Instead of "Bob, pull up this tree and toss it into the Ocean." Authority is given when the Word says, "This tree needs pulled up and tossed into the Ocean."

Instead of "Little Suzy, clean up this room." Authority is given when the Word says, "This room is messy and needs cleaned up."

When the kitchen is active try "The salt needs put on the table." or "The dishes need washed." or "The table needs set." or "The oven needs preheated to 350." or "The refrigerator needs cleaned." Now do not be surprised if the Word responds with "Well go do it!" or "Get it yourself!" or "It's your turn to wash the dishes!" For we have been called to be servants. If that is the Case work like you are working for the Lord =).

Instead of "Billy, give me your toy." Authority is given when the Word says in weakness confessing the sin, "I want to play with that toy."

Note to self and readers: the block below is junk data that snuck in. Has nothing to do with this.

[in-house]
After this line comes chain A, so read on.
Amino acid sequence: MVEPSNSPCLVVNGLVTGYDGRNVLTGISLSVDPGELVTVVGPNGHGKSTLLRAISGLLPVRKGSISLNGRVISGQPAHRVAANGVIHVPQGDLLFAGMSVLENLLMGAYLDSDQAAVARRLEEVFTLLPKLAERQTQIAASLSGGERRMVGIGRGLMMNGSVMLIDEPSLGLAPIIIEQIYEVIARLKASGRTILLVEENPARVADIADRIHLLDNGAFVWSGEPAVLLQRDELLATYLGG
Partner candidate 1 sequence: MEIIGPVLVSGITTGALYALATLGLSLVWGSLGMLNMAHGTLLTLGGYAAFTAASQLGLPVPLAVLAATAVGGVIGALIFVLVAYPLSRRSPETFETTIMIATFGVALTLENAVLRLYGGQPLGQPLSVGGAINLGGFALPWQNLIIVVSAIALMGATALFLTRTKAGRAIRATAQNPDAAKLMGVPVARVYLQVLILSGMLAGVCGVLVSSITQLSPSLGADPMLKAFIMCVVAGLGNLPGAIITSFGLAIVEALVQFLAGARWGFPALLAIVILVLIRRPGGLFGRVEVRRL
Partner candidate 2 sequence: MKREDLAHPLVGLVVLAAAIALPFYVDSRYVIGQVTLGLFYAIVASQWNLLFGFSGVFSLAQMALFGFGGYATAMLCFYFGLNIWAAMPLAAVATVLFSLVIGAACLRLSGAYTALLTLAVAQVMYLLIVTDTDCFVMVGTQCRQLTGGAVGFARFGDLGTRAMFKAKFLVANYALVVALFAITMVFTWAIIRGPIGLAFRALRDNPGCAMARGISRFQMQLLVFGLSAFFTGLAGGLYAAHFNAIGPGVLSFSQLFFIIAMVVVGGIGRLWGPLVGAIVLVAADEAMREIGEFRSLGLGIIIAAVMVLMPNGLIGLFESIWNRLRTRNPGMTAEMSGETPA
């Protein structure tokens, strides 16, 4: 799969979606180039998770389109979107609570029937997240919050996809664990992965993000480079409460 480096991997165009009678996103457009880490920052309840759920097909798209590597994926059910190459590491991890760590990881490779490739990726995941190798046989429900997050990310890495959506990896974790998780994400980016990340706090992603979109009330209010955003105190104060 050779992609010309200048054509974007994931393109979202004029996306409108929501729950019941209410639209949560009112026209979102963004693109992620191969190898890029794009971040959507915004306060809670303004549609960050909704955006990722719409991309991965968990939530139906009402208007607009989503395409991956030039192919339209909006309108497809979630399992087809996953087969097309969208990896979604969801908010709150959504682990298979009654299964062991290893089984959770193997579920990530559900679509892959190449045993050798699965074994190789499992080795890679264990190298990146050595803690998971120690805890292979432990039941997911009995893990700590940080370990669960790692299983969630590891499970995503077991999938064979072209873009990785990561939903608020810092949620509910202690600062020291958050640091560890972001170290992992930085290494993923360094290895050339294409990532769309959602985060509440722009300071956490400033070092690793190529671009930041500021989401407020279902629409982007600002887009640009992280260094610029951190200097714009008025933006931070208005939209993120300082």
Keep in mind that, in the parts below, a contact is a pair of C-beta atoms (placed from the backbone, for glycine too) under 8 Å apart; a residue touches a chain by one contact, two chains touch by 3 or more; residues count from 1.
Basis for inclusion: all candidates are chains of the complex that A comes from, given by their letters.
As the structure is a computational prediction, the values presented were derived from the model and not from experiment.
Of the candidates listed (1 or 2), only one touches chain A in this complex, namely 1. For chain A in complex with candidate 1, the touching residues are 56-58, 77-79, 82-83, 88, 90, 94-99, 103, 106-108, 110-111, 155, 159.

Yes you could pray "Jesus, I want to play with that toy." Yet few understand the real meaning about using the name in vain, so incorrect correction my come. So silence usage of the name is acceptable. Followed by a "Thank you Jesus". For all good gifts come from God(James 1:17), and let us thank him in what we do!

For the flesh is in opposition to the Word, but the Word and the Spirit are bound by Love.

In your excitement if you wish to comment on your future experiences of peace, love, and joy below. I feel it would be nice to have recorded some actions that God does through people so that Doubt and Denial can be a thing of the past. Amen.

Now also as a note: It is good for a woman to have a man ask the spirit for her.

Like my wife saying "Jeff, can you get the kitchen ready?" Then calling out my set of prayers "I need the kids down here." then when they show up. "That table needs set." "The oven needs preheated to 350." "are you having trouble getting those?".